Transformational Leadership : John Burns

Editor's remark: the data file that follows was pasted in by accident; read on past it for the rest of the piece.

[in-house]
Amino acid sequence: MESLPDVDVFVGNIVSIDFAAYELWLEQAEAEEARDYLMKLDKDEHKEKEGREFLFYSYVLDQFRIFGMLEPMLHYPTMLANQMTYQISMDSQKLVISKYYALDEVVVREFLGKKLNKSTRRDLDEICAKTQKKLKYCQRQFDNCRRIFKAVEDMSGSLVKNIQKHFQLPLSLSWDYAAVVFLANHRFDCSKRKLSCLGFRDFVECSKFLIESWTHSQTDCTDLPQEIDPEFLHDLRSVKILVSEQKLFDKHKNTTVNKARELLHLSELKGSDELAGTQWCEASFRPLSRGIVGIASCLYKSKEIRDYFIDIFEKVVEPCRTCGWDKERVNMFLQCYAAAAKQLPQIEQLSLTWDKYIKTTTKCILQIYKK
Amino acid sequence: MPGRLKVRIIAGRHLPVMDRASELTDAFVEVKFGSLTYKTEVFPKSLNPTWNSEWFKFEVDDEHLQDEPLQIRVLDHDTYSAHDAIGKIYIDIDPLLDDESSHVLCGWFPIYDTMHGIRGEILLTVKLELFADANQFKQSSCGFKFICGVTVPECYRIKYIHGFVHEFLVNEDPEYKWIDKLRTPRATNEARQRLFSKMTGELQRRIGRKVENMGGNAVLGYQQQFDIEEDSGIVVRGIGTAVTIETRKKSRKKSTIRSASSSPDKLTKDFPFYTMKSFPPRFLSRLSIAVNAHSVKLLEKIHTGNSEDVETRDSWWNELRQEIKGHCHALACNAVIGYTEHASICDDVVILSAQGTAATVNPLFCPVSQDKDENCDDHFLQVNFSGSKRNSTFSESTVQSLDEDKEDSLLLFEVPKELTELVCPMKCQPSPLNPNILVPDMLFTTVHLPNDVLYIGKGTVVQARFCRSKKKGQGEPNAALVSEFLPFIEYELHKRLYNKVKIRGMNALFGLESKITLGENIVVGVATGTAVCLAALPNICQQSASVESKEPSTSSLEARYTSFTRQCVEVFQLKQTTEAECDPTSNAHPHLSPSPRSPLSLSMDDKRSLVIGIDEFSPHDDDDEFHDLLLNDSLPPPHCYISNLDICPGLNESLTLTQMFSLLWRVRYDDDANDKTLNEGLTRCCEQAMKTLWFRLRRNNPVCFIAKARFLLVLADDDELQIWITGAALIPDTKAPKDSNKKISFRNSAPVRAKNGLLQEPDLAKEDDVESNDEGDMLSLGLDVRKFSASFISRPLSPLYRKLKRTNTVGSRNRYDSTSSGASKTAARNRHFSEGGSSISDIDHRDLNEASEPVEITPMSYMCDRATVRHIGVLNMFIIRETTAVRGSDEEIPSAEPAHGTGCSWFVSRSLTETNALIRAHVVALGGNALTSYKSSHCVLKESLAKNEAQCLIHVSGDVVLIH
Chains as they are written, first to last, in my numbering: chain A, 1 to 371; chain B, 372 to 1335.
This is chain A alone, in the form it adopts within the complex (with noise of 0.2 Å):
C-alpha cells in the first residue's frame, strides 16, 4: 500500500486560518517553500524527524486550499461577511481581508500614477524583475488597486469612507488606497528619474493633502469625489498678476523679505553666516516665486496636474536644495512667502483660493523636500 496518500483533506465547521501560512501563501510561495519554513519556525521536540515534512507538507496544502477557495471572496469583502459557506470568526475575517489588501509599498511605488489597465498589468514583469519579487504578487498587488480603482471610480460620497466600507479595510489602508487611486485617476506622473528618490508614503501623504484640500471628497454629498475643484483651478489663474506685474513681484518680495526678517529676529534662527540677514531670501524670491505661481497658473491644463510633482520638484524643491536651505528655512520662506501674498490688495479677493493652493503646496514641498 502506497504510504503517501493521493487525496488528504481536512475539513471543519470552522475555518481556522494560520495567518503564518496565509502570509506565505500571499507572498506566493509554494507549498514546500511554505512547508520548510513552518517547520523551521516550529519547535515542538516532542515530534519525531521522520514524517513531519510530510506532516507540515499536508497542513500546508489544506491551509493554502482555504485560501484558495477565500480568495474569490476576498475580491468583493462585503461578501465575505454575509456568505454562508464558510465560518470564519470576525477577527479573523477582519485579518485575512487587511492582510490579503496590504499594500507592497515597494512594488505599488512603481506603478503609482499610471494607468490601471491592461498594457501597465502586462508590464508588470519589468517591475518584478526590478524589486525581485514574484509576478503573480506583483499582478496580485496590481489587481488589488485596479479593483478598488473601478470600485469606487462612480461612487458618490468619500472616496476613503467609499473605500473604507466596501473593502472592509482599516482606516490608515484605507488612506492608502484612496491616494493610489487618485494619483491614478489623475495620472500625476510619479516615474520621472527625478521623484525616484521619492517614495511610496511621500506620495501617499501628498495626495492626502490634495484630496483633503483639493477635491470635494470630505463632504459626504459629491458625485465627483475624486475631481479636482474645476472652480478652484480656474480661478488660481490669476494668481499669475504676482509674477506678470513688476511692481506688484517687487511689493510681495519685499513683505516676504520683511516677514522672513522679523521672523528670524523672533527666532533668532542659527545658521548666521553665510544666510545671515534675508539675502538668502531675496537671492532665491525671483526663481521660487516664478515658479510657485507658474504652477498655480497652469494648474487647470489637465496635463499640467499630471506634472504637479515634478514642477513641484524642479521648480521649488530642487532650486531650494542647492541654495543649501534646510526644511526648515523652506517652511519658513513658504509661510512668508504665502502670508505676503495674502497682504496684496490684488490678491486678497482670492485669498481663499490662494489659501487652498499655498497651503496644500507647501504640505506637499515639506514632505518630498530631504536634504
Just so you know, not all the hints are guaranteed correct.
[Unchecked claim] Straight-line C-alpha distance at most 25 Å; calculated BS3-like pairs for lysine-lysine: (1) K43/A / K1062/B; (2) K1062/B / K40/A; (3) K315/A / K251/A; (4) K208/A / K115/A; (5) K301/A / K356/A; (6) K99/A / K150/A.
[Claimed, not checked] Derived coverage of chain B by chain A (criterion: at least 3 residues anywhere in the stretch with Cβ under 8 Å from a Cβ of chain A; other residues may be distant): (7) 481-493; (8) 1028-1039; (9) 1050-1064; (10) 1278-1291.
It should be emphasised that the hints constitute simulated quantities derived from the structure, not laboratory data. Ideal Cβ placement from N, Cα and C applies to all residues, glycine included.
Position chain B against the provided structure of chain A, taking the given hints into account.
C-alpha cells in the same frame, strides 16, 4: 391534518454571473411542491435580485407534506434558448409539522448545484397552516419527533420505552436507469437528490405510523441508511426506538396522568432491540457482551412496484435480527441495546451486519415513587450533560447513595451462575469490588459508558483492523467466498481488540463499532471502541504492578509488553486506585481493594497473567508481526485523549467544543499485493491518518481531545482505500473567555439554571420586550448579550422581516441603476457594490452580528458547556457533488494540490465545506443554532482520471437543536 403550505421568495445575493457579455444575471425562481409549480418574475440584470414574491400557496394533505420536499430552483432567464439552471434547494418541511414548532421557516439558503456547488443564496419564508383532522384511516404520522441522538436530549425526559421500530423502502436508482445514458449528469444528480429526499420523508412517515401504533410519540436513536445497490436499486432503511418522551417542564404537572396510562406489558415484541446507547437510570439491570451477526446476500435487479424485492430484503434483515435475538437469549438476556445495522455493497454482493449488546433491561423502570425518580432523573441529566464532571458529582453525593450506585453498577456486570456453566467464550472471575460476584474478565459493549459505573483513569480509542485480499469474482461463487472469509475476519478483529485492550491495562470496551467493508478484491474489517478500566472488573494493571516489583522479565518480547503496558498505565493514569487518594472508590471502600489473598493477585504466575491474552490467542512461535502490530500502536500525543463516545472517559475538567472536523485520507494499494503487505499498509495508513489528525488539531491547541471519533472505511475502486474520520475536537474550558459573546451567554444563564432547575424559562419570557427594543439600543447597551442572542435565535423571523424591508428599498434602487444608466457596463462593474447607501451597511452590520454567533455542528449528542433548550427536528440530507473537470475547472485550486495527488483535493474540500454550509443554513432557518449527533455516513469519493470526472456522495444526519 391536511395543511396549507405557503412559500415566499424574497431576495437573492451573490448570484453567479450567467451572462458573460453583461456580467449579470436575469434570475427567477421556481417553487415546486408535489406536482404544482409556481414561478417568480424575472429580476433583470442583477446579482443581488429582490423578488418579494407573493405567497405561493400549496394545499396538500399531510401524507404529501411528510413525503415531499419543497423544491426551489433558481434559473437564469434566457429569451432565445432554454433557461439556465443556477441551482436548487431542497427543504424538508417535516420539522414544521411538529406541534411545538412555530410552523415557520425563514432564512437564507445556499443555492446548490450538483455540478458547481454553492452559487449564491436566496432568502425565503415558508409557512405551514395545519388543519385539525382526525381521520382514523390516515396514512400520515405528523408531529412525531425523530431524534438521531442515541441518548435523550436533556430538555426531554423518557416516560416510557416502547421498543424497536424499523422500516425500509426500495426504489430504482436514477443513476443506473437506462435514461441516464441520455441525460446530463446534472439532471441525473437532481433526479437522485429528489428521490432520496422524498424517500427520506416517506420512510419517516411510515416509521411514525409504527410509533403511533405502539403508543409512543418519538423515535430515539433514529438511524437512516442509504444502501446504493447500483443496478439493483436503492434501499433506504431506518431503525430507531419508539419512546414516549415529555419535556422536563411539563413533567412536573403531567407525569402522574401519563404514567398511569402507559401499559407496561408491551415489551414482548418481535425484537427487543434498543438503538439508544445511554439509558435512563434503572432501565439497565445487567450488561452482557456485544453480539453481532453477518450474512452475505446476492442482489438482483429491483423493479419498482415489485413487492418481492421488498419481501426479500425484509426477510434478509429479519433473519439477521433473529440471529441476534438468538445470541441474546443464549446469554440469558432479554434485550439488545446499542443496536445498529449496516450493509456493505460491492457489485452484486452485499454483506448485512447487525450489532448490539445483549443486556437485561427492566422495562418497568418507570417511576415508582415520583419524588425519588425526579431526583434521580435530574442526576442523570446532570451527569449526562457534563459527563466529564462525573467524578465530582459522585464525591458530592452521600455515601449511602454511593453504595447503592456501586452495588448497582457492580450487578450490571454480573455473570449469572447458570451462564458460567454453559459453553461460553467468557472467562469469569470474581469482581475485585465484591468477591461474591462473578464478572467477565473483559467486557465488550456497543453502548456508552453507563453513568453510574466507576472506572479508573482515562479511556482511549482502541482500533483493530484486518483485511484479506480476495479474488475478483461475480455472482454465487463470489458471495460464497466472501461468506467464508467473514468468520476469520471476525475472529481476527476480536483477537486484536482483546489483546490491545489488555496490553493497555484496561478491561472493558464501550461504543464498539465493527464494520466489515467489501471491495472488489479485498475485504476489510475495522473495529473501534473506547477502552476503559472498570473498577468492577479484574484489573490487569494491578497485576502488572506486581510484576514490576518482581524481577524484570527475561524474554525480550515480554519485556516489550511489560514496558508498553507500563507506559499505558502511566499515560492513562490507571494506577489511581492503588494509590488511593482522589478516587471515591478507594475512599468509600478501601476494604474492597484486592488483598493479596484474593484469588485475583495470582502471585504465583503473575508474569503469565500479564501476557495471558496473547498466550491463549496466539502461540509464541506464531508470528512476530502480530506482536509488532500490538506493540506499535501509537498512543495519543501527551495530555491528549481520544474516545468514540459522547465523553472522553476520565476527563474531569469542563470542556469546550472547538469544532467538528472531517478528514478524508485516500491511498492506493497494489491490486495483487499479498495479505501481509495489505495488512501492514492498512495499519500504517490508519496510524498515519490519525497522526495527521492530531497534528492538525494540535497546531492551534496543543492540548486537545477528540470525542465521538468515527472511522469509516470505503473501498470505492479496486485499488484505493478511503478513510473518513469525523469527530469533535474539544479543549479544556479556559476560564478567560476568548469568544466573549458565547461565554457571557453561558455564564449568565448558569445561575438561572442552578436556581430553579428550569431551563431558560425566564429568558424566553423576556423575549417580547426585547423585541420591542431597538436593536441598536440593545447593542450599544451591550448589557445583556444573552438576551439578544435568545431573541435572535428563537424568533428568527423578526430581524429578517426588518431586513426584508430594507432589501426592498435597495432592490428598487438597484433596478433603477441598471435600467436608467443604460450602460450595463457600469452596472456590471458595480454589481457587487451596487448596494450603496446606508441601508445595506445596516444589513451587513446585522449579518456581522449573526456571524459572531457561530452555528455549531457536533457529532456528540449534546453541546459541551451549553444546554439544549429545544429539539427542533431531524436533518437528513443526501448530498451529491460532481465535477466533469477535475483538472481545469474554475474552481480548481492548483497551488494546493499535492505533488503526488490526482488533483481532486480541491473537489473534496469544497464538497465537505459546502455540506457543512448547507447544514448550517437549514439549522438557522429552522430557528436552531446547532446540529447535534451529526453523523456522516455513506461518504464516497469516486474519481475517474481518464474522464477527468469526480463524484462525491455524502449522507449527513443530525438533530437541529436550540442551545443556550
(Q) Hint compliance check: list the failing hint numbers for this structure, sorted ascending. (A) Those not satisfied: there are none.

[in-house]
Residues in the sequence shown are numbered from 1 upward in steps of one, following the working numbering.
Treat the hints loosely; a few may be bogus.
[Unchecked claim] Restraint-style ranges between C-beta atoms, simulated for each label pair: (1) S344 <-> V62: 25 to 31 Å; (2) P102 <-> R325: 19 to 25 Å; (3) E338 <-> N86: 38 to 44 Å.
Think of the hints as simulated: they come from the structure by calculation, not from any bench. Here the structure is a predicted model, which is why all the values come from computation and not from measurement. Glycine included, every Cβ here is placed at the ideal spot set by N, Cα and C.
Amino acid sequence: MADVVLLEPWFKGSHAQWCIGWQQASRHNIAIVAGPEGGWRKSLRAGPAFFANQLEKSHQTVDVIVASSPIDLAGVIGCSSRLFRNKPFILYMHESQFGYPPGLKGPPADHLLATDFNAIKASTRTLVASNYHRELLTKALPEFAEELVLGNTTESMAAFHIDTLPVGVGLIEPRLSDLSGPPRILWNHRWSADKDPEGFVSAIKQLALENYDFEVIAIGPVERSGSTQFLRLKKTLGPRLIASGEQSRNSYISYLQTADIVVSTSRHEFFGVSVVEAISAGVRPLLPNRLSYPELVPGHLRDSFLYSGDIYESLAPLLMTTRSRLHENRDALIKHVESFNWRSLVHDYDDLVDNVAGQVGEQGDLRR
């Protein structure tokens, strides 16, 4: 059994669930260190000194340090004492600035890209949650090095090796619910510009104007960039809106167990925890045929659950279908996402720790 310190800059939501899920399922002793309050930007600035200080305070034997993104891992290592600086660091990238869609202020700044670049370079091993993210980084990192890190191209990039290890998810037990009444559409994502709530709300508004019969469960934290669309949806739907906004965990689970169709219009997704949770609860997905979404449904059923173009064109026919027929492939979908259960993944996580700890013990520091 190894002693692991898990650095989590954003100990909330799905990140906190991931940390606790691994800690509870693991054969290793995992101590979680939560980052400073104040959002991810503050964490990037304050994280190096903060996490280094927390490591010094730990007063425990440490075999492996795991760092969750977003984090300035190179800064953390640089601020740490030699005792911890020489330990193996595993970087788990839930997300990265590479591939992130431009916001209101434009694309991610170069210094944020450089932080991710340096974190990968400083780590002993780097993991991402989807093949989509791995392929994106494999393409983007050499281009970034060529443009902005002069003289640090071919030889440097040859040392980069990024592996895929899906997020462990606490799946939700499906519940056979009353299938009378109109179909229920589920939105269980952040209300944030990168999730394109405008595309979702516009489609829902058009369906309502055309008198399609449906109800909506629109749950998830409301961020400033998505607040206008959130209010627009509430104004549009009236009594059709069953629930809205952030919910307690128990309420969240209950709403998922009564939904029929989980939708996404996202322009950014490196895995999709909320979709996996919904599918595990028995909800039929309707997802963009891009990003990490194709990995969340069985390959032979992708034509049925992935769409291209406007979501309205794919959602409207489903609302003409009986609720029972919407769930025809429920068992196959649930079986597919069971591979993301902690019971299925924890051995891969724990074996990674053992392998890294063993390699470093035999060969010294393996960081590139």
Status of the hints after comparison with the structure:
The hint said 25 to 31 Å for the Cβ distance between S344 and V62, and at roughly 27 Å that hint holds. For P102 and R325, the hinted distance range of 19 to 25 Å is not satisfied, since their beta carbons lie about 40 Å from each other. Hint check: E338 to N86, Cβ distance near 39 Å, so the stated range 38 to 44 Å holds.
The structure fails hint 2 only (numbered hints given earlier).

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Introduction The history of transformational leadership originated with the idea of “transforming leadership,” dubbed by leadership expert James Burns. Burns described transforming leadership as an interaction between leaders and followers so that they “raise one another to higher levels of motivation and morality…” (Wren, 1995, p. 101). Burns’s colleague, Bernard Bass, formulated the theory of transformational leadership based on Burns’s original idea. The simple word change implies that leadership is a process rather than a state or condition. Transformational leadership, in its original and broadest conception, is when a leader inspires his or her followers to initiate social change, but Bass later narrowed the definition so that transformational leadership does not include charismatic leaders who direct their followers to perform immoral deeds. Unlike these “pseudotransformational leaders,” transformational leaders do not deceive their followers into completing destructive or opportunistic actions (Bass & Riggio, 2005, p. 6). As stated before, transformational leadership aims to bring a positive change in an organization itself or to a community outside the leader and followers. Additionally, transformational leadership is closely related to charismatic leadership, where leaders with appealing qualities such as humility and confidence emerge in a time of crisis or need (Redekop, 2015). The main difference between the two theories of leadership is that transformational
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